Likewise //(number|title) selects all of the number and title elements of the course example.

Selector sets can be further refined using predicates. Note that individual nodes have values, which correspond to their content, stripped of markup. Predicates follow a path expression, and are placed in []'s.

Thus, e.g.,

//quarter[@term='Autumn']

selects the first of the quarter elements. Note that we can also use [] for array indexing, (1 based), and so could have selected the same node using

//quarter[1]

These can be mixed and matched:

//quarter[@term='Autumn']/course

selects all of the autumn quarter course nodes.

Unabbreviated syntax

There are a number of "axes" for search. We've seen child (/), descendant-or-self (//), parent(..), and self(.).

What if we wanted to get find all of the quarters in which CMSC 16200 was taught?

//number[.='CMSC 16200']/ancestor::quarter

The ancestor:: axis selector tells us to search "up" from the current node. There are also sibling, following-sibling, preceding-sibling, and several others. The general syntax is axis::selector.

This same example could be done without using the ancestor axis:

//quarter[.//number='CMSC 16200']

The xmllint program has a “shell” mode that enables you to browse an XML file much as if it were a filesystem.

$ man xmllint $ xmllint -shell mydata.xml / > ls //instructor t-- 11 N. Hinrichs t-- 5 Kurtz t-- 8 Razborov t-- 9 Montalban t-- 5 Kurtz t-- 8 Mulmuley t-- 5 Babai t-- 5 Simon t-- 5 Simon t-- 5 Kurtz t-- 5 Simon t-- 11 Hirschfeldt t-- 5 Babai t-- 7 Chuzhoy t-- 5 Soare t-- 8 Razborov t-- 5 Babai t-- 8 Mulmuley t-- 8 Mulmuley t-- 5 Babai t-- 5 Soare t-- 8 Razborov t-- 5 Soare / >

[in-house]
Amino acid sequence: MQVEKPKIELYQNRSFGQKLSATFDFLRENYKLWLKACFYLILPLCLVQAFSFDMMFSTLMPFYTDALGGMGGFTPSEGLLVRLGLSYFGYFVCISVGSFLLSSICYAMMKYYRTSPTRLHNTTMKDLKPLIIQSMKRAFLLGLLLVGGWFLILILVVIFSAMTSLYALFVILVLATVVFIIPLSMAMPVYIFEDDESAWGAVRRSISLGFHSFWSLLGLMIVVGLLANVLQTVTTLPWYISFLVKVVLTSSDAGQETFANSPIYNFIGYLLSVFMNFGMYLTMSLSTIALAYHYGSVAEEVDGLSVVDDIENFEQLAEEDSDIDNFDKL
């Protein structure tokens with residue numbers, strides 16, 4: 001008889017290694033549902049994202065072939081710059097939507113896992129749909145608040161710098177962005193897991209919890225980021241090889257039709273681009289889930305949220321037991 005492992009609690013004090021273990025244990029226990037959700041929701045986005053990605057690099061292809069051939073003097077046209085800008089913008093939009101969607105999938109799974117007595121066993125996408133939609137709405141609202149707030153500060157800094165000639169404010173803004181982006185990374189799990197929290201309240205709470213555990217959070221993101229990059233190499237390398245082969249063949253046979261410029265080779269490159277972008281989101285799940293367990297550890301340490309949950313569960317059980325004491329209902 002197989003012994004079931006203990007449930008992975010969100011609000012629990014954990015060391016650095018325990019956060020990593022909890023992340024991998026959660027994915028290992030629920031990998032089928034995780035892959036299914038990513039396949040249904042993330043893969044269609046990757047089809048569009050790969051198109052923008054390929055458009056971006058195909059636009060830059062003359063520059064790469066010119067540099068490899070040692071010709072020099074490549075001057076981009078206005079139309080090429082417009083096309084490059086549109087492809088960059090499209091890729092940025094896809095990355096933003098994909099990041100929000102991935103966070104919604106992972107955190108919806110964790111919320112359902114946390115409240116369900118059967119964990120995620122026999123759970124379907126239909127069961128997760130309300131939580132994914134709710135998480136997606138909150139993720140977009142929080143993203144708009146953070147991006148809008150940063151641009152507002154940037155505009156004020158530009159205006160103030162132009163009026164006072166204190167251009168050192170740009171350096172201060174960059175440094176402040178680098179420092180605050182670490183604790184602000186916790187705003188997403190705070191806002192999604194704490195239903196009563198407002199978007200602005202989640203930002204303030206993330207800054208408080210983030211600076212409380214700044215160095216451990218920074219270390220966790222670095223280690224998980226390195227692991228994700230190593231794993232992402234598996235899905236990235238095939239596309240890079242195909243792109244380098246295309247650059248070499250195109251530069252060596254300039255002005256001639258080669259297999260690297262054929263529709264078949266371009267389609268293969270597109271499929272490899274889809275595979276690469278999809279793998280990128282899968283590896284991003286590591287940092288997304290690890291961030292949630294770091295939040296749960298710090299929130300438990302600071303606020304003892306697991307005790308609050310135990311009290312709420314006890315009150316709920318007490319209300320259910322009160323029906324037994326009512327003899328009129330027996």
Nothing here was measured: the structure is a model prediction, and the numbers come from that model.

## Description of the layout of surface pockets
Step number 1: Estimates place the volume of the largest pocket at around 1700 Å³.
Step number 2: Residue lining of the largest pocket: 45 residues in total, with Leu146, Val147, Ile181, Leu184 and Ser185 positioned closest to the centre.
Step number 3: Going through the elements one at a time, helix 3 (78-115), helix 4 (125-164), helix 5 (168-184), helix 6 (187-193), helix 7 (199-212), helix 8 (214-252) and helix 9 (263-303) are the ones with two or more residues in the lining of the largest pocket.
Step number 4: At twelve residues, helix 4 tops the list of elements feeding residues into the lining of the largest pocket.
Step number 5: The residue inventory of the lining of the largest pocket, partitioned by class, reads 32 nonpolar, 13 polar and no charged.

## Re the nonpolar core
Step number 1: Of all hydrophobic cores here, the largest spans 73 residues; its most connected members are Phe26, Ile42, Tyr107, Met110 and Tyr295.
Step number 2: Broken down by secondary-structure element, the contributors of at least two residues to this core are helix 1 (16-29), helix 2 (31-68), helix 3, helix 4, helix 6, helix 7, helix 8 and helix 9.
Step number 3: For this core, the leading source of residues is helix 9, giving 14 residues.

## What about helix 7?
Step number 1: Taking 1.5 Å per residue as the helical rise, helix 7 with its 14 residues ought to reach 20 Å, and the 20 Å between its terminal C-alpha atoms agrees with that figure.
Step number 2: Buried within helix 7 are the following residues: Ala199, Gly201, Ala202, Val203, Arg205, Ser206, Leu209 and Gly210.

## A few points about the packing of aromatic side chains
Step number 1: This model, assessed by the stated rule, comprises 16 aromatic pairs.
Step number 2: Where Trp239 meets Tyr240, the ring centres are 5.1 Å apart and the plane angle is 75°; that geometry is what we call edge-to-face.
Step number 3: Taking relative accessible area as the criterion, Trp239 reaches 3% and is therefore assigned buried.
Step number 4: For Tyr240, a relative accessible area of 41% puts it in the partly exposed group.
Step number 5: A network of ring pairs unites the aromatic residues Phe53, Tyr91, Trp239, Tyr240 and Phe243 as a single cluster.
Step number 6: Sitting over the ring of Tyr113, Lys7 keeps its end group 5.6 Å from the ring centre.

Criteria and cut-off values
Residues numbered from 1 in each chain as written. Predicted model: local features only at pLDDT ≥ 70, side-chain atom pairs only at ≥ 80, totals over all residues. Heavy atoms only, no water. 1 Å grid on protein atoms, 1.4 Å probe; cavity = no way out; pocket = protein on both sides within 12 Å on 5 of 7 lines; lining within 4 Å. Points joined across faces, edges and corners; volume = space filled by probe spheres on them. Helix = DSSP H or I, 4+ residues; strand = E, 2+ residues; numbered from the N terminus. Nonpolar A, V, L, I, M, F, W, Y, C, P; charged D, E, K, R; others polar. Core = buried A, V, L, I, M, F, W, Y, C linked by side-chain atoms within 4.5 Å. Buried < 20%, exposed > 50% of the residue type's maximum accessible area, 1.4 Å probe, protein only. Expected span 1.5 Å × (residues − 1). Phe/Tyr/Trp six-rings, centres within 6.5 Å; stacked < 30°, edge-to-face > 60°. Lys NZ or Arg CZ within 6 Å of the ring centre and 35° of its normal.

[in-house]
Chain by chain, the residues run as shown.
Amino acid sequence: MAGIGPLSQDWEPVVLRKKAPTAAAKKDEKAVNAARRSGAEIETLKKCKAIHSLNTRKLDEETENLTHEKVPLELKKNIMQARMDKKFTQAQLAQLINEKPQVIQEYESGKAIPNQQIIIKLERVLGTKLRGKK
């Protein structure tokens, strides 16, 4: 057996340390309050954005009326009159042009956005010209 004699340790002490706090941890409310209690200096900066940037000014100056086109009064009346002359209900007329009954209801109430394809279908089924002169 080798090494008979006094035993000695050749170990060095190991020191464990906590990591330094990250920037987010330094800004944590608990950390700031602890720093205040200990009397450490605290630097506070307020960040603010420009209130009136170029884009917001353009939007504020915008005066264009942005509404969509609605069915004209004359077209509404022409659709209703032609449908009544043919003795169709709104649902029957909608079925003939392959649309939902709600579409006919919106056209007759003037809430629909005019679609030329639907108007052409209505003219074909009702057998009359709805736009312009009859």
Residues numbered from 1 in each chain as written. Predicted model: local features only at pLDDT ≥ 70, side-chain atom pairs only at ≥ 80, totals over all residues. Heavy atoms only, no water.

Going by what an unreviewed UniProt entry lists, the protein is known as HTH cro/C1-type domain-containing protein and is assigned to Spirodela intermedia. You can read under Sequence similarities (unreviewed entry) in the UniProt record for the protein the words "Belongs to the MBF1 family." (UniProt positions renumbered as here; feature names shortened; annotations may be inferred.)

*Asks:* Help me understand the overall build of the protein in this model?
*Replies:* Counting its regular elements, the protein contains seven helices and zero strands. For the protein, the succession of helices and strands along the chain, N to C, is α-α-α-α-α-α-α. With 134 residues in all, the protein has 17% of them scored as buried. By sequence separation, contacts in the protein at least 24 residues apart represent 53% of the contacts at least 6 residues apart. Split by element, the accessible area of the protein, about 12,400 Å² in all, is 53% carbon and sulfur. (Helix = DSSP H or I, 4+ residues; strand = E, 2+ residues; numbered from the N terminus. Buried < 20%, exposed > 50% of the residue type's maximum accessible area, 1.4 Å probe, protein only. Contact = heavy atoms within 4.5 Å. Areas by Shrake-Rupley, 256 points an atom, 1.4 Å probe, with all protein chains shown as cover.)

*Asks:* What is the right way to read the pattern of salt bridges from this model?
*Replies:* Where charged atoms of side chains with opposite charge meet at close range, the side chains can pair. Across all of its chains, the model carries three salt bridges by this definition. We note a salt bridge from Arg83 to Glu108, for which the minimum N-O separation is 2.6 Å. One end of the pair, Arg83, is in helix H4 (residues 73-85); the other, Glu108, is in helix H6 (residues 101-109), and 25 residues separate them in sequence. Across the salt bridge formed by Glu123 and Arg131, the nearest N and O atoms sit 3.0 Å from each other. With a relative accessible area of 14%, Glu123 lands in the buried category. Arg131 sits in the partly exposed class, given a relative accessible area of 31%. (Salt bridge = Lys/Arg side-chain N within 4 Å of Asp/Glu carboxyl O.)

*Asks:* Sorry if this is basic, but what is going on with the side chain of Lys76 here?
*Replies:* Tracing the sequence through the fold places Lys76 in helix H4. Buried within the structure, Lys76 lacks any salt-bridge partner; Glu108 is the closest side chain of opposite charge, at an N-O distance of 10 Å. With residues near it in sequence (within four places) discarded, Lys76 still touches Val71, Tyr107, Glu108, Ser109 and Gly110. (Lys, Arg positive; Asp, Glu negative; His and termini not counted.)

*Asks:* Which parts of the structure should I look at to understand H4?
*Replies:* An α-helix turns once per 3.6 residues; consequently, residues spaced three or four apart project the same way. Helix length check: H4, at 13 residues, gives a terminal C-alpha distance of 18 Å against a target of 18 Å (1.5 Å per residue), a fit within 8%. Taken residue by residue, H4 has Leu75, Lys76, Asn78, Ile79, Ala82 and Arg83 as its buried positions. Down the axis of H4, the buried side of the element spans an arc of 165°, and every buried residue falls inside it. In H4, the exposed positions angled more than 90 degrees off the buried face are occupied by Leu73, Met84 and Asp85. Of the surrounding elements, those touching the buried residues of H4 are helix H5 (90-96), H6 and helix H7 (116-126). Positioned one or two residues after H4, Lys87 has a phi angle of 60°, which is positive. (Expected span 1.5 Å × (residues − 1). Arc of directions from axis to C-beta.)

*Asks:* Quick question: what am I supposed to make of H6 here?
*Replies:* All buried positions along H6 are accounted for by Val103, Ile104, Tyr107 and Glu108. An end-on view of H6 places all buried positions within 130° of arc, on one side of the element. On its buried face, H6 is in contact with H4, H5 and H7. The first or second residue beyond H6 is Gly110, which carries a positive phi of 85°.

Alternatively, we can use the xpath command, but it works a bit differently. If we use the same search string, we'll just get the nodes (it is somewhat like the distinction between "ls" and "ls -d").

/ > xpath //instructor Object is a Node Set : Set contains 23 nodes: 1 ELEMENT instructor ATTRIBUTE type TEXT content=nontheory 2 ELEMENT instructor 3 ELEMENT instructor 4 ELEMENT instructor ATTRIBUTE type TEXT content=nontheory 5 ELEMENT instructor 6 ELEMENT instructor 7 ELEMENT instructor 8 ELEMENT instructor 9 ELEMENT instructor 10 ELEMENT instructor 11 ELEMENT instructor 12 ELEMENT instructor ATTRIBUTE type TEXT content=nontheory 13 ELEMENT instructor 14 ELEMENT instructor 15 ELEMENT instructor 16 ELEMENT instructor 17 ELEMENT instructor 18 ELEMENT instructor 19 ELEMENT instructor 20 ELEMENT instructor 21 ELEMENT instructor 22 ELEMENT instructor 23 ELEMENT instructor

To get at the underlying text nodes, we have to use the text() selector:

/ > xpath //instructor/text() Object is a Node Set : Set contains 23 nodes: 1 TEXT content=N. Hinrichs 2 TEXT content=Kurtz 3 TEXT content=Razborov 4 TEXT content=Montalban 5 TEXT content=Kurtz 6 TEXT content=Mulmuley 7 TEXT content=Babai 8 TEXT content=Simon 9 TEXT content=Simon 10 TEXT content=Kurtz 11 TEXT content=Simon 12 TEXT content=Hirschfeldt 13 TEXT content=Babai 14 TEXT content=Chuzhoy 15 TEXT content=Soare 16 TEXT content=Razborov 17 TEXT content=Babai 18 TEXT content=Mulmuley 19 TEXT content=Mulmuley 20 TEXT content=Babai 21 TEXT content=Soare 22 TEXT content=Razborov 23 TEXT content=Soare

Exercise 21.1 There is a file courses.xml on the web site. Use xmllint to print

  1. the name of all of the courses that I teach (instructor="Kurtz")
  2. the list of quarters in which I teach.

Note that the format of the file is not exactly the same as I've discussed in this lecture.